Teen, 14 years old Written byDrBigMac July 29, 2012

One of the greatest albums of all time!

First of all... It's a fantastic album, and one everyone should listen to in their lifetime. The only issue is the drug and drinking references in a few of... Continue reading

What's the story?

The Los Angeles band The Doors' debut album THE DOORS became a hit in spring 1967, propelled by the May release of the smash single \"Light My Fire.\" The album still ranks high among the all-time greats, and songs from it are still widely played on the radio, especially album opener \"Break On Through (To the Other Side),\" \"Light My Fire,\" and \"Soul Kitchen.\" Ray Manzarek on keyboards, John Densmore on drums, and Robby Krieger on guitar are on fire backing sexy, brooding, poetic singer and songwriter Jim Morrison, who was never better.

Is it any good?

There's a broad consensus that The Doors never surpassed their first album, as it included most of the best material they'd assembled to date. You may not be comfortable with some of the stylistic excesses, particularly Morrison's violent screaming in "The End," or the more obvious drug references, both of which presented a moral conundrum back in the day. But this is unquestionably some of the best rock music ever recorded.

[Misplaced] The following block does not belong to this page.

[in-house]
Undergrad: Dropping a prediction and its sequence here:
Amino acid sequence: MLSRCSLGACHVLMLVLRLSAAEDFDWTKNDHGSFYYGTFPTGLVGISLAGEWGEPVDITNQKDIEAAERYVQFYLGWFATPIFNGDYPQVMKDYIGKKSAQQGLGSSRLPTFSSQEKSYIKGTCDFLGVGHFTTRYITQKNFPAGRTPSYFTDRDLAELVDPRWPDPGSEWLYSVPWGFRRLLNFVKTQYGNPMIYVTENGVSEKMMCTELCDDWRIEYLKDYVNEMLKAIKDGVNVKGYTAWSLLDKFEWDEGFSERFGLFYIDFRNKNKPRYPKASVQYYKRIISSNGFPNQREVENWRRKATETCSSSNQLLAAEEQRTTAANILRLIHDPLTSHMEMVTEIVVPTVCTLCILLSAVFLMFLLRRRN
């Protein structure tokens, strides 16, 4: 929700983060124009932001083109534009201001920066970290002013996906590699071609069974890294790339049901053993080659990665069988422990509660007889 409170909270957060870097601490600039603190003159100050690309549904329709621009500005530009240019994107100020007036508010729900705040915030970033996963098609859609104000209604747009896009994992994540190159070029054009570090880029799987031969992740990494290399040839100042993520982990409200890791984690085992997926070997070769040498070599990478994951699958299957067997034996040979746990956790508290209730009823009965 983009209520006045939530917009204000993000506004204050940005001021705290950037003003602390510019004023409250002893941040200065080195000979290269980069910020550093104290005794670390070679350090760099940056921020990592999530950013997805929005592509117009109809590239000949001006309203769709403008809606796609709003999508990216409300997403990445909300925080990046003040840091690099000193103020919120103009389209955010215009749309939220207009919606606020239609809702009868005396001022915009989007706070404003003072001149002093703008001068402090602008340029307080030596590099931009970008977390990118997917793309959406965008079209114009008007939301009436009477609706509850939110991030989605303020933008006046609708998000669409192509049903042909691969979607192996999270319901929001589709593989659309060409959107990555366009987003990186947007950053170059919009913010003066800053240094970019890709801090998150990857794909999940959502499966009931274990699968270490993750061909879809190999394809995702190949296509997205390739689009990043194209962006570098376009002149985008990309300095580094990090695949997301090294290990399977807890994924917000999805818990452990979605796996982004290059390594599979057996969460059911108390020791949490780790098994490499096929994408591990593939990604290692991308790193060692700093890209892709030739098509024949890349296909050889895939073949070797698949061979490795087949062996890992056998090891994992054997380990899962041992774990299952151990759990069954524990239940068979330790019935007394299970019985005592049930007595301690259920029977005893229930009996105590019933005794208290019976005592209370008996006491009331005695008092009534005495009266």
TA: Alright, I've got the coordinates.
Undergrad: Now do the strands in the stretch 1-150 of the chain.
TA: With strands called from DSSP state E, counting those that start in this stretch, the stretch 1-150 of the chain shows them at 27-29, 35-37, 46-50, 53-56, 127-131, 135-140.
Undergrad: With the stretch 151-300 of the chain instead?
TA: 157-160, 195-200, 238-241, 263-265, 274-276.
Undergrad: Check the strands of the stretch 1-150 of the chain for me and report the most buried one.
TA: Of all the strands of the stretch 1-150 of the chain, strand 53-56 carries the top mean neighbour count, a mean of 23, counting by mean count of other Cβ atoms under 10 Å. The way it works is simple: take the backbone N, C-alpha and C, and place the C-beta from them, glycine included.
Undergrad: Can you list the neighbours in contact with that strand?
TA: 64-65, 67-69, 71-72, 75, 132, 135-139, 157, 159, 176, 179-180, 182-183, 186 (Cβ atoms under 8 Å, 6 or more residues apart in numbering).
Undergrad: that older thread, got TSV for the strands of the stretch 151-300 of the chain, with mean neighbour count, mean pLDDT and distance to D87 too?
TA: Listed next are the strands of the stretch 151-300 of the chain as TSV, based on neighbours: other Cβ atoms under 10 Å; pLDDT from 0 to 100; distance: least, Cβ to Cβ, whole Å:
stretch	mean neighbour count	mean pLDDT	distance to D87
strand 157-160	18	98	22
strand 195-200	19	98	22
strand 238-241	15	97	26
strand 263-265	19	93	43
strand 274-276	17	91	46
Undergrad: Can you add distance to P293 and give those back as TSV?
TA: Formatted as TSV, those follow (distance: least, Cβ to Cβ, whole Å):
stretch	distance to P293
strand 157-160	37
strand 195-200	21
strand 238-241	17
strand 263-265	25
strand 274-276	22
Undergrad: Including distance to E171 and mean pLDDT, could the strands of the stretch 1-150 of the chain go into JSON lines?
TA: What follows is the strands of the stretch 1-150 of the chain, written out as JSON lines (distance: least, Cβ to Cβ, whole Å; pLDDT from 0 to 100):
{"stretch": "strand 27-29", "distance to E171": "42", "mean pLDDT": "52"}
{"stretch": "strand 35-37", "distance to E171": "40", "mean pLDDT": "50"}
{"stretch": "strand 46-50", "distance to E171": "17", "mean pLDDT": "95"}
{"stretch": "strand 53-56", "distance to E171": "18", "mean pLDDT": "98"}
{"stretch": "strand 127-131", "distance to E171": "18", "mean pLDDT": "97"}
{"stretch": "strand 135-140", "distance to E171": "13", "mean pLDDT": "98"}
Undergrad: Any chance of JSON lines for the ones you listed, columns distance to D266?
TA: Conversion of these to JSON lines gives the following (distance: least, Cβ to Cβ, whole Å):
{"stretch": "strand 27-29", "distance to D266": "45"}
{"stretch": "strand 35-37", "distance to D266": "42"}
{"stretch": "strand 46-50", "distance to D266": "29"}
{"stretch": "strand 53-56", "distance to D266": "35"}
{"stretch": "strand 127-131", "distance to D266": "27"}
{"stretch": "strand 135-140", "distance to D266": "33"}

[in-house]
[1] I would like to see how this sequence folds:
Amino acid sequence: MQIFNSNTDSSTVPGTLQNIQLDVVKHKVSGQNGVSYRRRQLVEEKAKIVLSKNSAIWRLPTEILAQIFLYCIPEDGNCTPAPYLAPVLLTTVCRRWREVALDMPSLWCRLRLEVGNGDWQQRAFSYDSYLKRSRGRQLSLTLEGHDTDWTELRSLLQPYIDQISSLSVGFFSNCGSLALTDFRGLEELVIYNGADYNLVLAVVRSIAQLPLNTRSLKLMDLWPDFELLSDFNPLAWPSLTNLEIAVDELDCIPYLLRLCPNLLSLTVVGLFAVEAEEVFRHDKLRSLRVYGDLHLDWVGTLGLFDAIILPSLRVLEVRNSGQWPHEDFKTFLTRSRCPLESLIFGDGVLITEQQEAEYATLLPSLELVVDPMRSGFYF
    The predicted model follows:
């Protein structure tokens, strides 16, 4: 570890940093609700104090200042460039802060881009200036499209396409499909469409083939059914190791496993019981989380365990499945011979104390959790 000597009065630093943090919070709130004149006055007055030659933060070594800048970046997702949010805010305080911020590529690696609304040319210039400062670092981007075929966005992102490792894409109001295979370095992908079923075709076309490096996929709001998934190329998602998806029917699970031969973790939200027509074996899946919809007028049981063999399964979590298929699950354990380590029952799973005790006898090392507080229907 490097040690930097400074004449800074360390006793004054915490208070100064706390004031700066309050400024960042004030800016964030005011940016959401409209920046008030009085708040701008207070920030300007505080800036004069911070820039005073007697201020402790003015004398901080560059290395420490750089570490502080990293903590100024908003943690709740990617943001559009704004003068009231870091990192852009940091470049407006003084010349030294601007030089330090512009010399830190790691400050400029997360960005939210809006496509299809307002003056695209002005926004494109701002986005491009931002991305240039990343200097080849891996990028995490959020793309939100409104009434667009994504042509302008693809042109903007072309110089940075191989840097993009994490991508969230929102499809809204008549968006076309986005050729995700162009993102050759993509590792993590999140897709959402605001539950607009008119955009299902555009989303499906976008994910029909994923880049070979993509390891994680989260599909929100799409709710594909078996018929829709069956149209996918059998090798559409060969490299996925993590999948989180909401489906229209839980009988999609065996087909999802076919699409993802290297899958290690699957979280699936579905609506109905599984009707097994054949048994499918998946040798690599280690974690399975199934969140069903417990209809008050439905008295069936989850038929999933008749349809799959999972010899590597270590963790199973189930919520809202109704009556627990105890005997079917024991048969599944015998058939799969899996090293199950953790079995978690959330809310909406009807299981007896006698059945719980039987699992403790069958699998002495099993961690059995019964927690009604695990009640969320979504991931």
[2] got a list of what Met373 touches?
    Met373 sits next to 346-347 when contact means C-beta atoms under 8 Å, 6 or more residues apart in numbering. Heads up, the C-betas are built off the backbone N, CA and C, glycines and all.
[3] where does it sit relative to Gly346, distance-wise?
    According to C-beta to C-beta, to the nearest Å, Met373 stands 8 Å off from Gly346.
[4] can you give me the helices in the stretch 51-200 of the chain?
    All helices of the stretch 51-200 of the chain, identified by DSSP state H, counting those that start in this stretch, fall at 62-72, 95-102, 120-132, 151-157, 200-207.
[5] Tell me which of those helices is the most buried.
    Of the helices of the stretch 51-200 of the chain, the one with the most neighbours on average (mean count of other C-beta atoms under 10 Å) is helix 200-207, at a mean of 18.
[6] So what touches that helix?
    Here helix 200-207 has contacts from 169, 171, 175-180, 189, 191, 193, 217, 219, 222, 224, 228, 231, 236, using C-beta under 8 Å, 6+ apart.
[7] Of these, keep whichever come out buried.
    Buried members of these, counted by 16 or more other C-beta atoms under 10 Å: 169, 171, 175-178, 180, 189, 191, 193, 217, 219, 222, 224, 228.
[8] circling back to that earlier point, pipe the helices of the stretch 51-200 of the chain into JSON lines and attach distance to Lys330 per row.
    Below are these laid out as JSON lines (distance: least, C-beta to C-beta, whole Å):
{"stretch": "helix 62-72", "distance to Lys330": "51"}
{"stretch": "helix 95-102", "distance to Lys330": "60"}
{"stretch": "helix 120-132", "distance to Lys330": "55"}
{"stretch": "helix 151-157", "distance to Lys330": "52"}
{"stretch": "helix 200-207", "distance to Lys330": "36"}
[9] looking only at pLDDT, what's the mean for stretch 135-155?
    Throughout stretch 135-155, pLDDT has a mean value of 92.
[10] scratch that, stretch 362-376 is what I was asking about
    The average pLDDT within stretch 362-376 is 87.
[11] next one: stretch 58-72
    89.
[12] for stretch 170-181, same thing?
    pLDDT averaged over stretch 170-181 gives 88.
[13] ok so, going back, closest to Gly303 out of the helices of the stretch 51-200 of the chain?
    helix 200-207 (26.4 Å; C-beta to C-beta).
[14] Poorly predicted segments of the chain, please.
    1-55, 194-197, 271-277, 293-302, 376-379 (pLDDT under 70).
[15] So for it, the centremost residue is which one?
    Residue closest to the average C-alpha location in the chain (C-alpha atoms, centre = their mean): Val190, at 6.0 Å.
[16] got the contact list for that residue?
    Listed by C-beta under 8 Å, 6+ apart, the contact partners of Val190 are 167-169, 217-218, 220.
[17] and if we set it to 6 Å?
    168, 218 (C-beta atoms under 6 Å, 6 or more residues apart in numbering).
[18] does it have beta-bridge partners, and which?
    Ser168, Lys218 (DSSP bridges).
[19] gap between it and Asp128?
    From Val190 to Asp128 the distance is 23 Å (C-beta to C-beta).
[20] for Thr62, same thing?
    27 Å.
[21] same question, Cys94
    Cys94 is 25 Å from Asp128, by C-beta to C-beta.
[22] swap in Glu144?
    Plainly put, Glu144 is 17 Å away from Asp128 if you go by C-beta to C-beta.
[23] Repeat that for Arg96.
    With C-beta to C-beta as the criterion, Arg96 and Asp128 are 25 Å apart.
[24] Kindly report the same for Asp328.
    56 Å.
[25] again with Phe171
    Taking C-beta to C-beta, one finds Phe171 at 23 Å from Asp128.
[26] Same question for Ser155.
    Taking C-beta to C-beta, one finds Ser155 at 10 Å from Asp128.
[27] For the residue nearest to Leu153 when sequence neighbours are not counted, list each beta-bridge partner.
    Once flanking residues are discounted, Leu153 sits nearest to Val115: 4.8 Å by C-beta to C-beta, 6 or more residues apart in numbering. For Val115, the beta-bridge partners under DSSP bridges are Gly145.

Talk to your kids about ...

  • Families can talk about what they know about Jim Morrison and what happened to him.

  • Why do you think people come up with all these metaphorical ways to talk about sex and/or drugs, like "Light my fire"?

  • What do you know about Bertolt Brecht and Kurt Weill, who wrote "Alabama Song (Whisky Bar)"? Have you ever seen their work in theater or literature class?

  • This album came out at the same time as the Summer of Love was happening in San Francisco. Why was Los Angeles so different? Or was it just Jim Morrison?

Music details

  • Artist: The Doors
  • Release date: January 1, 1967
  • Type: Album
  • Label: Rhino Records
  • Genre: Rock
  • Parental advisory: No
  • Edited version available: No
  • Last updated: November 11, 2020